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Hudgins v. Serrano

Decided: July 19, 1982.


On appeal from Superior Court of New Jersey, Law Division, Union County.

Fritz, Ard and Trautwein. The opinion of the court was delivered by Fritz, P.J.A.D.


[186 NJSuper Page 468] In this action for conscious pain and suffering to plaintiff's decedent and for dependency damages in a wrongful death action, all predicated upon alleged medical malpractice, the jury returned a verdict in the amount of $7,500 in the survival action and in the amount of $1,150,000 in the death action. Following the denial of the motion of Dr. Mullen for a new trial on all issues, a remittitur or in the alternative a new trial as to damages only, and the denial of plaintiff's motion for additur, defendants Mullen, Porter, Frantz and Warren Hospital filed timely notices of appeal. Plaintiff cross-appealed from the

denial of her motion for additur. The latter appeal has been abandoned.*fn1

Expressed in five points, defendants' complaints on this appeal distill into three areas: (1) the charge, (2) the qualification of Dr. Coombs and (3) the amount of the verdict. We consider those in that order.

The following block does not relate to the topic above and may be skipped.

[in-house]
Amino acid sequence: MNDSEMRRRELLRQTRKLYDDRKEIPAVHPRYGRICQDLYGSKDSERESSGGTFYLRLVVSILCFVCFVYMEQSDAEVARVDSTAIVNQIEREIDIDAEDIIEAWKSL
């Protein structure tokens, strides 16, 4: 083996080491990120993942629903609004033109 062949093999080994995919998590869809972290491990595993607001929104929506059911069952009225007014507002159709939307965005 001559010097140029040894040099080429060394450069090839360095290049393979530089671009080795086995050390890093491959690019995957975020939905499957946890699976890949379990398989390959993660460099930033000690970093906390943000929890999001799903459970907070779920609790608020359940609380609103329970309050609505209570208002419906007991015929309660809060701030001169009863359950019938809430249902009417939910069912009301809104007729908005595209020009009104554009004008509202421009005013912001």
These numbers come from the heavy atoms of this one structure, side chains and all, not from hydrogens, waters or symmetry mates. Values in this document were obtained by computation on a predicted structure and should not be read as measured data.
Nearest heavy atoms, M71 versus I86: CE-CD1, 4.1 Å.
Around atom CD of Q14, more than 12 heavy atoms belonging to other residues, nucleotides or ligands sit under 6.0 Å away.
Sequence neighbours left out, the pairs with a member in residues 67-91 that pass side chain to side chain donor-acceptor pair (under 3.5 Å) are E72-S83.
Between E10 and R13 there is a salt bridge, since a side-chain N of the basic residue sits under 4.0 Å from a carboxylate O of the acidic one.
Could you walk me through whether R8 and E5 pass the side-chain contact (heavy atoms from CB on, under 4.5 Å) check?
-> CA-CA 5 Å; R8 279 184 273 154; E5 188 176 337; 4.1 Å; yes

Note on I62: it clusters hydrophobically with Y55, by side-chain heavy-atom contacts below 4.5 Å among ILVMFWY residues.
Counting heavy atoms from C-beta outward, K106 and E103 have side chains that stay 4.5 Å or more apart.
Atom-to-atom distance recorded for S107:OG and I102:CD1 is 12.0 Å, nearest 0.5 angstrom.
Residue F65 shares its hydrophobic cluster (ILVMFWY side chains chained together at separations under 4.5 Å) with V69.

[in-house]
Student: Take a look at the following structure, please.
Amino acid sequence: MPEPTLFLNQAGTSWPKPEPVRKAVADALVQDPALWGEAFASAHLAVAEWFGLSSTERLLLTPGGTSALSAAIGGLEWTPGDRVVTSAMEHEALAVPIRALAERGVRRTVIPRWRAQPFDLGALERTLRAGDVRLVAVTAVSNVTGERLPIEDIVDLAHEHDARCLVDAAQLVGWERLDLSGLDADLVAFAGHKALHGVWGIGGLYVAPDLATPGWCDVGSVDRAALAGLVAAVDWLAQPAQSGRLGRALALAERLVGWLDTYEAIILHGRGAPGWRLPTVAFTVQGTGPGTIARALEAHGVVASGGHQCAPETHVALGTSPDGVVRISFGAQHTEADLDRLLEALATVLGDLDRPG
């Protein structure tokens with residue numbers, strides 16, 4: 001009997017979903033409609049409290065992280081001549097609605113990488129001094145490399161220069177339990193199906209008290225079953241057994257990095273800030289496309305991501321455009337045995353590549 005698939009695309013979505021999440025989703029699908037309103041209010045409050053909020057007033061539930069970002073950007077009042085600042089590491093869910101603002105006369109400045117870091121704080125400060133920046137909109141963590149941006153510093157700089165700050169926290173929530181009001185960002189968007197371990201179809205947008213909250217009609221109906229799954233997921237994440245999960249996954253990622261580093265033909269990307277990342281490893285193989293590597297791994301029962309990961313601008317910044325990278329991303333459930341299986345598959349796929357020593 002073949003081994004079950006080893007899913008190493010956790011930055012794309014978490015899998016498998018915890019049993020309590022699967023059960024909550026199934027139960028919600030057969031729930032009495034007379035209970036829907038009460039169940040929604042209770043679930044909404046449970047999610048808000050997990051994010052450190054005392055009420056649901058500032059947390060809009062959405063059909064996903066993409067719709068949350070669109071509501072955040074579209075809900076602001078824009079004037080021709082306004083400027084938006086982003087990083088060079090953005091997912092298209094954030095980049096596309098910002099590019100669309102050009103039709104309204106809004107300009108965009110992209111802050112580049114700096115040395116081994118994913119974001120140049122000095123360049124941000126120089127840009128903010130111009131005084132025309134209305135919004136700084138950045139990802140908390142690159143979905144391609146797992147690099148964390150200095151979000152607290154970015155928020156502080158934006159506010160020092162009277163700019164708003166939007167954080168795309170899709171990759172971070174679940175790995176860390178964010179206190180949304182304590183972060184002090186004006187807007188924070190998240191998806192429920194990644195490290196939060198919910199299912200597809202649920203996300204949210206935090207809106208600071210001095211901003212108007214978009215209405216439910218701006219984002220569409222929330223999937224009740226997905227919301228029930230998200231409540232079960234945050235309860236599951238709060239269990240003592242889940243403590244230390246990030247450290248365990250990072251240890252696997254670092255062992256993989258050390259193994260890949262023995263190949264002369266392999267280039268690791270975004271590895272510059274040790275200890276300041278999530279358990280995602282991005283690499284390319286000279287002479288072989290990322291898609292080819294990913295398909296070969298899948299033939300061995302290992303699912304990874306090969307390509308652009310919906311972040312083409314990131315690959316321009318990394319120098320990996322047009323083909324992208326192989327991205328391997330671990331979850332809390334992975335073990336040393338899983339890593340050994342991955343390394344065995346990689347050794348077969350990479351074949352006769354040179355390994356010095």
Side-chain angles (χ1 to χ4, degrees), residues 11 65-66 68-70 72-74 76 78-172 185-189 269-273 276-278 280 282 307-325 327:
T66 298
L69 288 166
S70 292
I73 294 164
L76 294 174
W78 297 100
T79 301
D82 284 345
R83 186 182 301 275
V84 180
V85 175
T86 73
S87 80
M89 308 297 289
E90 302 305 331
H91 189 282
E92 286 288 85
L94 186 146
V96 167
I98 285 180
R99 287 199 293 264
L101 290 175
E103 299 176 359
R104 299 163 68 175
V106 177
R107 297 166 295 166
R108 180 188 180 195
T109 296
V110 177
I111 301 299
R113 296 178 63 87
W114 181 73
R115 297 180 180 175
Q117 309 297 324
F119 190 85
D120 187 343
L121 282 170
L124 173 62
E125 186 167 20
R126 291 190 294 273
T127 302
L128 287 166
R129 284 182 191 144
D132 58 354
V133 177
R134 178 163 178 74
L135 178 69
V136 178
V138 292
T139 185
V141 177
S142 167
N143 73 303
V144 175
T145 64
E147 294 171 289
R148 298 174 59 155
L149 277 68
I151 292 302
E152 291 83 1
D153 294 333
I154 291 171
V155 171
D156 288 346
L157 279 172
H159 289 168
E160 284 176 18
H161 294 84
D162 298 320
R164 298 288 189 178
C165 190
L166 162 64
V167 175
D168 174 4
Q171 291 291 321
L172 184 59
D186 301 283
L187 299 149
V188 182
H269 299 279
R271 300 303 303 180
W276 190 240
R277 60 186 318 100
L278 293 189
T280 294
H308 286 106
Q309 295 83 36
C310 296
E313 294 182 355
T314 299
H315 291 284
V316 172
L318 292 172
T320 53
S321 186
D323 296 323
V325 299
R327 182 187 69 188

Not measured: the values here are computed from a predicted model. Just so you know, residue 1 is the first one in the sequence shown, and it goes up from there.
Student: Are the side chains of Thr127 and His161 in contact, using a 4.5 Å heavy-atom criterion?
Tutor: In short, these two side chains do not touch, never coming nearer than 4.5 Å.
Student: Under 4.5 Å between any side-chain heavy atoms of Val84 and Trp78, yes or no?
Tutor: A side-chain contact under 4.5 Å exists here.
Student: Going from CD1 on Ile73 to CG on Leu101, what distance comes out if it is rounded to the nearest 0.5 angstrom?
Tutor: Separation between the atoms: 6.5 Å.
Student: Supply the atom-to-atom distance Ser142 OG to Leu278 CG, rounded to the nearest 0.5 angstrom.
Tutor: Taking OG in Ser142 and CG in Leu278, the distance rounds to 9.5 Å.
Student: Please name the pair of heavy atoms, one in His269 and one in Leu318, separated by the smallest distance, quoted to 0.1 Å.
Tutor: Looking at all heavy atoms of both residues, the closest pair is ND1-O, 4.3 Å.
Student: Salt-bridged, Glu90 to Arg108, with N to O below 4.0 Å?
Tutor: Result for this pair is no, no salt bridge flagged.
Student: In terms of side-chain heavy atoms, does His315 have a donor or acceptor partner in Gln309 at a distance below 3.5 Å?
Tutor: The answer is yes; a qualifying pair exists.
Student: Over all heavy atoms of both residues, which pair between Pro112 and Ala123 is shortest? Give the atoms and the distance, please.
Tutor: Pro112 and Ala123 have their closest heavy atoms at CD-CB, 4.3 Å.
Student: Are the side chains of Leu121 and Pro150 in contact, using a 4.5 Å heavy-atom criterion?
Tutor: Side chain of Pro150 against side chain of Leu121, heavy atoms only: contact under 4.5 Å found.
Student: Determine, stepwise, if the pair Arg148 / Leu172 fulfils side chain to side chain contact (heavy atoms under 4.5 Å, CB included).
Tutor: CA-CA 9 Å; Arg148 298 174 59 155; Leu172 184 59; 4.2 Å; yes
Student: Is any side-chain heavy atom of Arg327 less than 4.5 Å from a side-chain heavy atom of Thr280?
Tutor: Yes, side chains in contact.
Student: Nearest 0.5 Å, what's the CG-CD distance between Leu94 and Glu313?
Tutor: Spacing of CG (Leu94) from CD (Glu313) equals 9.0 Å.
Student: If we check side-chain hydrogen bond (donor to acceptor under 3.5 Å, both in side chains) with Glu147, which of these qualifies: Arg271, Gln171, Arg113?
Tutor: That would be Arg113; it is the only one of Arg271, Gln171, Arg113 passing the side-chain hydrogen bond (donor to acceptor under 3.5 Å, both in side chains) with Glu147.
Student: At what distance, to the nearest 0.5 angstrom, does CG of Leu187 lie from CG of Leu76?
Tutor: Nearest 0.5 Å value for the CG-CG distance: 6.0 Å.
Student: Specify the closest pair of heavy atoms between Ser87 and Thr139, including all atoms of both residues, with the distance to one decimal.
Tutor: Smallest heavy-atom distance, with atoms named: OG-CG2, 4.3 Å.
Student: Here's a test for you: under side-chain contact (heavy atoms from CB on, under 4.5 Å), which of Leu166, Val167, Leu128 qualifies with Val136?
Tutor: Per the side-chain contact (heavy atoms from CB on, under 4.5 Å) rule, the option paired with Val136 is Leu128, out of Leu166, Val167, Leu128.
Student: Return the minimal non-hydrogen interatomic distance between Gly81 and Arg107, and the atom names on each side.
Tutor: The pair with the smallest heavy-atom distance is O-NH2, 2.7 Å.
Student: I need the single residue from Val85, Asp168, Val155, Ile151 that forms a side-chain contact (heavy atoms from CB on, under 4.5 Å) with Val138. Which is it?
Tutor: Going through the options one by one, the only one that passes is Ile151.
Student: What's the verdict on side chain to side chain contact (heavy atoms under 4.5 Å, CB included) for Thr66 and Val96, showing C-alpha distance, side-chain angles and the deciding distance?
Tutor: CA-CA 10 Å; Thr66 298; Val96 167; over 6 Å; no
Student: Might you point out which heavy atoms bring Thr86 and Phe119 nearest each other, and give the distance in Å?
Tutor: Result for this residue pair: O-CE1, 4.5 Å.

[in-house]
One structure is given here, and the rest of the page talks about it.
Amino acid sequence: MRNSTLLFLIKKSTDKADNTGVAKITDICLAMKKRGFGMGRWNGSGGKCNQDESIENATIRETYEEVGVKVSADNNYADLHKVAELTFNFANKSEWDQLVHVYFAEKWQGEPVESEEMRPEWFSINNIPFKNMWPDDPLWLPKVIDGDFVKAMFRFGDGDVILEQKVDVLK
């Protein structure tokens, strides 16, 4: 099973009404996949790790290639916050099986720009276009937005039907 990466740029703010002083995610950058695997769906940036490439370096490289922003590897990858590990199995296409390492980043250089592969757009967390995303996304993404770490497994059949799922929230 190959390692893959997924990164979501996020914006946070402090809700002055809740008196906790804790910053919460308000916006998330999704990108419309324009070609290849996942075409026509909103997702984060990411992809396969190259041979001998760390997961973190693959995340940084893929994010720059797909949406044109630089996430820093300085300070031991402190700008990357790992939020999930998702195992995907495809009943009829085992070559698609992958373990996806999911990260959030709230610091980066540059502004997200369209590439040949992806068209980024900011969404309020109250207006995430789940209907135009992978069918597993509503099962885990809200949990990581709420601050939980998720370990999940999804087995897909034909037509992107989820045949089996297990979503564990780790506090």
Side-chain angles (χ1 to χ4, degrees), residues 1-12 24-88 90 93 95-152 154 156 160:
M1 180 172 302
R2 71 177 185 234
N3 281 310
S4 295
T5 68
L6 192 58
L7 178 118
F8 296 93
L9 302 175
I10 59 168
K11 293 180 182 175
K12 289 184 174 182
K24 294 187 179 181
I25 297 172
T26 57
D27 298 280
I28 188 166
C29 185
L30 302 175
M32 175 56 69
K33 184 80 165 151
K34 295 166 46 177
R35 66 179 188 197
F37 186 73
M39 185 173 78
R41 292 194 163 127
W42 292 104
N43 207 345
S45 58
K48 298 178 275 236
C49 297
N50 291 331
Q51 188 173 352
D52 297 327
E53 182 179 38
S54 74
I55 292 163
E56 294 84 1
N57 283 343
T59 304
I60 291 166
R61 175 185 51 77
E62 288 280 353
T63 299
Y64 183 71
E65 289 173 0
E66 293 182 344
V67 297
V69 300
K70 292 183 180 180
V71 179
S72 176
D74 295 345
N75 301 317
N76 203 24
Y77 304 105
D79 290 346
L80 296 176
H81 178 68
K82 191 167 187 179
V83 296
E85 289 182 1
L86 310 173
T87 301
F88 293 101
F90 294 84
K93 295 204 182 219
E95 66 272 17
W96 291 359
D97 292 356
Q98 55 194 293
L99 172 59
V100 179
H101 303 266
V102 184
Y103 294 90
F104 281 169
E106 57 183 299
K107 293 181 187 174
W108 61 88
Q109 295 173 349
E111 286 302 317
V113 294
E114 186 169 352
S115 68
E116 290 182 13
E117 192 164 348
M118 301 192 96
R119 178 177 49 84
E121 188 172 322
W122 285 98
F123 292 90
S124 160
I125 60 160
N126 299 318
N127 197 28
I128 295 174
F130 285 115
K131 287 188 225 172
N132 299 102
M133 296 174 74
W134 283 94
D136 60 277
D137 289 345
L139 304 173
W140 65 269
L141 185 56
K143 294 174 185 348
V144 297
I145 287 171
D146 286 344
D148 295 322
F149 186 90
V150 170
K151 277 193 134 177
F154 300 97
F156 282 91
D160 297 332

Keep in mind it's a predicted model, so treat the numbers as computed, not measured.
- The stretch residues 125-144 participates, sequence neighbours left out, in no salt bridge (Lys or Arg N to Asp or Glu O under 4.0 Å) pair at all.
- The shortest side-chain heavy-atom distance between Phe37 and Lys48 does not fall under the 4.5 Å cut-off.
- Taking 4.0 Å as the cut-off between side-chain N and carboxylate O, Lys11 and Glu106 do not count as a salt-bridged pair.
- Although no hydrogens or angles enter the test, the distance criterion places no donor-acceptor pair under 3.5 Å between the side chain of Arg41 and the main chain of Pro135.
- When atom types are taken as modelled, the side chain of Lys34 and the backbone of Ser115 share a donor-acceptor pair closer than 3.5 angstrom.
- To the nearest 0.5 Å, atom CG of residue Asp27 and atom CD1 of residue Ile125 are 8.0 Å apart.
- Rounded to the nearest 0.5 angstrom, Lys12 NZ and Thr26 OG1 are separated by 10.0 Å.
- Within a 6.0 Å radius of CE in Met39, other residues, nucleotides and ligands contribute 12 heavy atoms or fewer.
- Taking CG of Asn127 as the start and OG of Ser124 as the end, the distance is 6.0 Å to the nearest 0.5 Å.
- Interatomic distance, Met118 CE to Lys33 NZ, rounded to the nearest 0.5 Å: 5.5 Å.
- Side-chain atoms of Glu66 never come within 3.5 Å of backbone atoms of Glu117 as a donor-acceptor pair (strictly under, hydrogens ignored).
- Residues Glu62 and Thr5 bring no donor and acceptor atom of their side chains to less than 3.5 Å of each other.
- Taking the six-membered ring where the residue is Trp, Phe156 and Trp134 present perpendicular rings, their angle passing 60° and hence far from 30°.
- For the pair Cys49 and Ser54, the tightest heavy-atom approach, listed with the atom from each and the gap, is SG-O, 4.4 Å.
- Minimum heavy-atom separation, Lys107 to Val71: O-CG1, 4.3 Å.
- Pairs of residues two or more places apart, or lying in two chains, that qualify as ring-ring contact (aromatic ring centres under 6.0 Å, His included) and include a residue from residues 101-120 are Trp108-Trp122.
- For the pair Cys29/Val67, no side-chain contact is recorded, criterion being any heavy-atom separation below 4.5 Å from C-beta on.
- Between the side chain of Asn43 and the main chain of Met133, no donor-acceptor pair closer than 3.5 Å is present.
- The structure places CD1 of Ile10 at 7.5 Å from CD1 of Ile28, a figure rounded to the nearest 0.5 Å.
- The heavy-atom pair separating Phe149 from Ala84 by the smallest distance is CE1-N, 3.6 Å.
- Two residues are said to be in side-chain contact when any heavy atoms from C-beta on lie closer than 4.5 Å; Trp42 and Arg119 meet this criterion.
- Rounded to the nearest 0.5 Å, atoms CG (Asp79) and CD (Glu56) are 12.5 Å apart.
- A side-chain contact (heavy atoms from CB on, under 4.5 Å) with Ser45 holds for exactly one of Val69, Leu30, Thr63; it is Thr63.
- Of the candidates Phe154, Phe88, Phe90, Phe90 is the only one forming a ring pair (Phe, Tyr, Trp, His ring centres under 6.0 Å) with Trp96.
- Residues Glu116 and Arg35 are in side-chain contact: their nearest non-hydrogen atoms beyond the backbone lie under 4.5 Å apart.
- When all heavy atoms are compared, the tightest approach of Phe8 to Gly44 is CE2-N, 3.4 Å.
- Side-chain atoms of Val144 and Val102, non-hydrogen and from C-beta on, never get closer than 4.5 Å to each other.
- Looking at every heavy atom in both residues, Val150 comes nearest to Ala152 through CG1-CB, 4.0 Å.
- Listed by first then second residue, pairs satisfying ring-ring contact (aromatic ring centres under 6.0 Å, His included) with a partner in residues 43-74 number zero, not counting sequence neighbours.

The objections to the charge are subdivided into four areas. The first of these accuses the trial judge of having charged the jury in a manner which was "rambling, anecdotal and laced with prejudice against the defendant." The second and third criticize the charge with respect to the definition of proximate cause and burden of proof, respectively. Finally, a challenge is leveled at "error in instructing the jury with respect to pre-existing pain and suffering."*fn2 At the outset we observe that in connection with the charge in this case, the transcript of which totalled 113 pages, the only objection raised by defendants was that of counsel for Dr. Mullen who objected only to so much of the charge as "switched" the burden of proof of the allocation of damages for pain and suffering, following the determination of the existence of such actionable damages, to defendant. The other complaints respecting the charge were not raised below, a fact not reported to us in the table of contents of defendants' brief (R. 2:6-2(a)(1)) although said to be a "conceded fact" in the reply brief of defendants. Accordingly, we need consider those complaints only to the extent that they demonstrate plain error, i.e., error which is of such a nature as to have been clearly capable of producing an unjust result. R. 2:10-2. In this respect we note as well the wisdom of Judge Labrecque as it appears in Nesta v. Meyer, 100 N.J. Super. 434 (App.Div.1968):